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Thai teen girls think braces are cute. They're also deadly.
From fake Viagra to Korean pop, trends in Thailand are dangerous business. In this greatest hit from 2010, GlobalPost looks at the Thai fad of fashion braces, and just how far teens will go for a designer smile.
BANGKOK, Thailand — Thailand’s Ministry of Public Health is forever condemning the next underground beauty craze. There’s glue-on eyelashes that can prick retinas. Toxic skin-whitening creams. Cheaply made contact lens that offer girls Pikachu-sized fantasy eyes.
But the teen fad health authorities consider the most dangerous is proving surprisingly resilient. After more than five years of health warnings, after two teenage deaths last year, some Thai girls still seek out cuteness-enhancing “fashion braces.”
Braces, that scarlet letter of American junior high geekdom, are adored by some Thai teenyboppers. Those who can’t afford dentist fees sometimes resort to braces attached in flea markets and living rooms by entrepreneurs with mail-order dental supplies. Though crudely applied, the braces appear genuine.
Reasons to avoid underground braces? Beyond the canker sores and sliced inner lips even legit braces offer, Thailand’s Dental Council warns of blood poisoning, infected dental tools, nerve damage and swallowing dislodged fittings.
“We just think they’re cute. Nice and cute!” said Supapich Konkayan, a 22-year-old art student in Bangkok. Her smile was laced with metal wiring and electric purple fittings. (The braces, she said, were real.) “Some of us have real dental problems. And for the others it’s just, well, fashion.”
But fashion braces are medically worthless and potentially deadly.
Last August, an amateur braces job left a 17-year-old girl in Thailand’s northeast city of Khon Kaen with an infected thyroid, which led to fatal heart failure. Police in Chon Buri province have also connected an open-air, illegal braces stall to the death of a 14-year-old girl.
“Teenagers shouldn’t be deciding whether to get fashion braces, for they only think of what’s hip,” concluded a recent Thailand Dental Council report, which describes long queues in front of quack dental stalls, which are sometimes disguised as laboratories.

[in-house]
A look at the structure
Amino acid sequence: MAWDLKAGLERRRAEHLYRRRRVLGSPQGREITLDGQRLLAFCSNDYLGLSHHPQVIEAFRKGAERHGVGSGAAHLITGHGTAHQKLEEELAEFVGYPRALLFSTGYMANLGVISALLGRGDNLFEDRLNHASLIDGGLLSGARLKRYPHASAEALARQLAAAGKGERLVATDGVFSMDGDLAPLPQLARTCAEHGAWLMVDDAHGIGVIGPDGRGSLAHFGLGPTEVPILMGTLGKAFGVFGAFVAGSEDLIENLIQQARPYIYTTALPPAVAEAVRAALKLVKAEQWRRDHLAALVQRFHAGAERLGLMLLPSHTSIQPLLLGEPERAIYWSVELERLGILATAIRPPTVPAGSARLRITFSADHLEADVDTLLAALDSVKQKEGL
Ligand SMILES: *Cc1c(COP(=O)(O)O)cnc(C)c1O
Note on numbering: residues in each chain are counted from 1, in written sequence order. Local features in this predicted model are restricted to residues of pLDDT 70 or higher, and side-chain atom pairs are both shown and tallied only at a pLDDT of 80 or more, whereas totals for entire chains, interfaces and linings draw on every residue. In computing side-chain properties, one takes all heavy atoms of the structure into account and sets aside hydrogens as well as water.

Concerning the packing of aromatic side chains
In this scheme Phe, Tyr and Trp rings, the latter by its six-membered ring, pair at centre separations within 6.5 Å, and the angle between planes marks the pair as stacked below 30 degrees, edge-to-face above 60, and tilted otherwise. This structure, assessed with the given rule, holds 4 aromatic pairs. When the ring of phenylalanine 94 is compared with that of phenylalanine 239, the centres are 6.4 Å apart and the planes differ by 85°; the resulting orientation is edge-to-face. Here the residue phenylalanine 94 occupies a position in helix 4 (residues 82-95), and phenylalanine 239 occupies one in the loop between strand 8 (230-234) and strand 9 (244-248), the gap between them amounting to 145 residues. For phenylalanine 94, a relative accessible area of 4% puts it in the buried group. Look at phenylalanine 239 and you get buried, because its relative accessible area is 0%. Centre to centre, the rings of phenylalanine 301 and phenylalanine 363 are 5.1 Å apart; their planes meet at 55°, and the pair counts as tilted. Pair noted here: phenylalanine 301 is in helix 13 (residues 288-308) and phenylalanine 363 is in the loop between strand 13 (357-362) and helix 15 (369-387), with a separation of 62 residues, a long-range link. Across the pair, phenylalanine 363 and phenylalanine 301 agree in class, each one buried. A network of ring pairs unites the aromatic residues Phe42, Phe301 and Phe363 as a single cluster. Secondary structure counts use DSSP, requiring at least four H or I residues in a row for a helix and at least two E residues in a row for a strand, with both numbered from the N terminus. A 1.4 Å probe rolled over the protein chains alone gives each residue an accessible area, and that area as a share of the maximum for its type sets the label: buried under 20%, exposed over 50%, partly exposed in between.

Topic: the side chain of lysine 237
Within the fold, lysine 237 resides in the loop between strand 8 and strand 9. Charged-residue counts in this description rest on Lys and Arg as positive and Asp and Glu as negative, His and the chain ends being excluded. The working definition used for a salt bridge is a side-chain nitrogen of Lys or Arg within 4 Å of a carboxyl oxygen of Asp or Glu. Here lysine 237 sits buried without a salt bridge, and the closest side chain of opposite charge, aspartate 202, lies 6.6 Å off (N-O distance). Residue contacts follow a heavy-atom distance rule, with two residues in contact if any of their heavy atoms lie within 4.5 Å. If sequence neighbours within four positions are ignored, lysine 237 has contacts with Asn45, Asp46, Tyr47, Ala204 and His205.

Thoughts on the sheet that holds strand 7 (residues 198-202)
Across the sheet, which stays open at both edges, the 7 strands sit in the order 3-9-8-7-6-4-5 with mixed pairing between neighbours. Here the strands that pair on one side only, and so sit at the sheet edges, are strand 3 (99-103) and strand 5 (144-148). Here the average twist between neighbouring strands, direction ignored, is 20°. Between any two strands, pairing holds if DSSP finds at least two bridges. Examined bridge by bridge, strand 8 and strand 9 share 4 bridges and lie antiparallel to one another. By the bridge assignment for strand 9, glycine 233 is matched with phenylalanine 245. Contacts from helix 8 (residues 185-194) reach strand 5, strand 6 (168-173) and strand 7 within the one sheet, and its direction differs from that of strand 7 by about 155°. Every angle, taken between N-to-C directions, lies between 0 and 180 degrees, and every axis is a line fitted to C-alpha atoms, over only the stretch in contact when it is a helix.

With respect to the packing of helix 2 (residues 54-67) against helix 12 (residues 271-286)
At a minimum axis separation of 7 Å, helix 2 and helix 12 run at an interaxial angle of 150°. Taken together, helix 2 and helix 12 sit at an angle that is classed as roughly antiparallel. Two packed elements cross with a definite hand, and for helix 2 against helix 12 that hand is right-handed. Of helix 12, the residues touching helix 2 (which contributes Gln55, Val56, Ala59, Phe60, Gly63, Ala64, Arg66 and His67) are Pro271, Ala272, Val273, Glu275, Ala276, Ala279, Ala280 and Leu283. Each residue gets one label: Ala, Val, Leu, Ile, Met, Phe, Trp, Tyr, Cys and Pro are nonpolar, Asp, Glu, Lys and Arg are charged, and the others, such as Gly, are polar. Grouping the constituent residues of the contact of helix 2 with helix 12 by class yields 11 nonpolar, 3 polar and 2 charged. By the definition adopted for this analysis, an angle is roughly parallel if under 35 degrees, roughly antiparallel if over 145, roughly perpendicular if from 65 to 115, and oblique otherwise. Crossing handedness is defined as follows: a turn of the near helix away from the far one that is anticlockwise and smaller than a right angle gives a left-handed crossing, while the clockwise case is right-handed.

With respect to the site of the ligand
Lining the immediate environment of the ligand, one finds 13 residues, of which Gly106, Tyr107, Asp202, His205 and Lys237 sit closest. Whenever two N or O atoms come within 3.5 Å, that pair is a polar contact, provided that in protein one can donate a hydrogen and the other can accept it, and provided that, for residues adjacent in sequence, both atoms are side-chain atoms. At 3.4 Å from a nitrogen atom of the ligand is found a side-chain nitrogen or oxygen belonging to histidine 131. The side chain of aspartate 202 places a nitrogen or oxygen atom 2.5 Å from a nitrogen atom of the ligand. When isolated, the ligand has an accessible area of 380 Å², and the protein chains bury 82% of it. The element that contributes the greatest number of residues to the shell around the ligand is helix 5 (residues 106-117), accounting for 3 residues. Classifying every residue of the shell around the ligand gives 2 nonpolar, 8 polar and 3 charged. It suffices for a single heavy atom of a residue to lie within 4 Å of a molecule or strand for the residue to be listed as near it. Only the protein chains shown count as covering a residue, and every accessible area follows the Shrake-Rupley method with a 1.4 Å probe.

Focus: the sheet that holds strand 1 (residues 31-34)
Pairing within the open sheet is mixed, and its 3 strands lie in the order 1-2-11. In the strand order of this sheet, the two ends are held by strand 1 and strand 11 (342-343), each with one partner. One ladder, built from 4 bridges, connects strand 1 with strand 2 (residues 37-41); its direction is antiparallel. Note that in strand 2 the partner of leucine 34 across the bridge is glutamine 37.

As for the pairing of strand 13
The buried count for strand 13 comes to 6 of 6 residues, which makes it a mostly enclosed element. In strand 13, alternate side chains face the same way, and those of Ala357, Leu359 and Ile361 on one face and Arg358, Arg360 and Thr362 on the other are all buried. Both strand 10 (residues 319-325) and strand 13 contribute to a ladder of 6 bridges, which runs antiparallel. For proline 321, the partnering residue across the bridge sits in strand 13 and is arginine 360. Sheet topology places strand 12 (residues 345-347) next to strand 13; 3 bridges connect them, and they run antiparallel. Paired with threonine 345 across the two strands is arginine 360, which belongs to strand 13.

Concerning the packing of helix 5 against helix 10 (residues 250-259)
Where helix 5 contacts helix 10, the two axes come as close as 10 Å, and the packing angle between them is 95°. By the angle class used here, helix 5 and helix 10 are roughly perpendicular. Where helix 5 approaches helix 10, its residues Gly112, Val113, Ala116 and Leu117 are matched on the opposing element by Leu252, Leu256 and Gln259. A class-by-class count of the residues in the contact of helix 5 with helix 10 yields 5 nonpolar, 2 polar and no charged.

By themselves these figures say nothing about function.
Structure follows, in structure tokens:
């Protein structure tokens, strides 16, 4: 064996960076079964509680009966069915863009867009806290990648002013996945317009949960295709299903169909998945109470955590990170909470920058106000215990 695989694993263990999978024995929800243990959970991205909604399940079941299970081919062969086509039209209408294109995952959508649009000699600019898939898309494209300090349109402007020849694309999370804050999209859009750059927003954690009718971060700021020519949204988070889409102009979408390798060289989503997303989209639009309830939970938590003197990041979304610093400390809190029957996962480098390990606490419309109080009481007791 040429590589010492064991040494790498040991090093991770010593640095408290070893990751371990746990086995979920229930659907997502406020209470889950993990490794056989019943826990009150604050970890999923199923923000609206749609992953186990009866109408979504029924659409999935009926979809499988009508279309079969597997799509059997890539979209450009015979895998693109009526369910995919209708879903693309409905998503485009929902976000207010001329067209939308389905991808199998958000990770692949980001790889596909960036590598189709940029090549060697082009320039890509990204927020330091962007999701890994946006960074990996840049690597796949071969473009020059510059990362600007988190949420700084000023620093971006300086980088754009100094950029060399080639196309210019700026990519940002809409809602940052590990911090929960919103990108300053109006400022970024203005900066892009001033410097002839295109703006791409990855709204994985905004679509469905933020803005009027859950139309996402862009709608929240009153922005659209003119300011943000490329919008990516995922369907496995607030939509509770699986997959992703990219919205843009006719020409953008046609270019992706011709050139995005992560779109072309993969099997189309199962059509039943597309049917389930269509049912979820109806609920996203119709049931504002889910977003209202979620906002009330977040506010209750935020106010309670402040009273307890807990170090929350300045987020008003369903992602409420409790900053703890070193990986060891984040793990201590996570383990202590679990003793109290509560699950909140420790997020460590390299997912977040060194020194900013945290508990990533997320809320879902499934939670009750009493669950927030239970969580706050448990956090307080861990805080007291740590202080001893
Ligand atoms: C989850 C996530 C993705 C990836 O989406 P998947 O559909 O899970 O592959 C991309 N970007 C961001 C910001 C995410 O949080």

“All this reflects that Thai society hasn’t yet developed into a wise society,” said the report. “It’s a society takes advantage of the ignorance of teenagers.”
Damning Thai media coverage has driven many purveyors of phony braces out of market stalls and onto the internet. Teen-centric web boards are littered with posts promising home delivery service, even to outlying provinces. The going rate: $24 per row of teeth or $45 for a full set.
One well-advertised service called “Jud Fun” — “fix teeth” in English — promotes a full-color palette of changeable dental bands for girls to choose from, as well as a customized Mickey Mouse design.
This cutesy marketing strategy is shared by licensed dentists as well. Ads for the Smile Dental Clinic in central Bangkok feature blue- and green-haired Anime schoolgirls smiling and locking hands.
Thailand is hardly the only country where braces have been regarded as both medically and cosmetically beneficial. In a 1989 New York Times profile, China’s first American-educated orthodontist noted that braces had become fashionable for Chinese teens. In many still-developing nations, braces can convey wealth, or at least enough cash to straighten pokey teeth.
But young Thais interviewed about the appeal of braces said nothing about status. Real or otherwise, braces in Thailand suggest teeny cuteness, as do “big eye” contacts, eyelashes sprinkled with glitter and pig-tail hair-extensions. They also offer more facial real estate to color-code with eyes, jewelry and shoes.
“I’ve going to have gaps in my teeth anyway, but now they’re rainbow colored,” said Benjawan Intaput, a 23-year-old English student in Nakhon Pathom. “I’ve got all these different colors. Why not wear them all at once?”
Legit braces in Bangkok cost roughly $1,200, paid in monthly installments over three or four years. The fake sort are often associated with a scrappy motorbike subculture known as “dek wehn wehn.” The word “dek” means kids in Thai and “wehn wehn” is an onomatopoeia of a two-stroke motorbike revving up.
“There are lots of kids with no money who want braces anyway,” Supapich said. “They’re just being cute and having fun.”
But Thailand’s health and safety czars, which have fought the trend since 2004, are now pursuing fake braces outlets with renewed gusto.
The government may ask teachers to request documentation from kids with braces and refer those with fashion braces to Thailand’s health ministry for free removal. Anyone caught practicing unlicensed dentistry faces fines and three years in prison and the import of dental supplies will now be closely supervised by a state-run consumer protection board.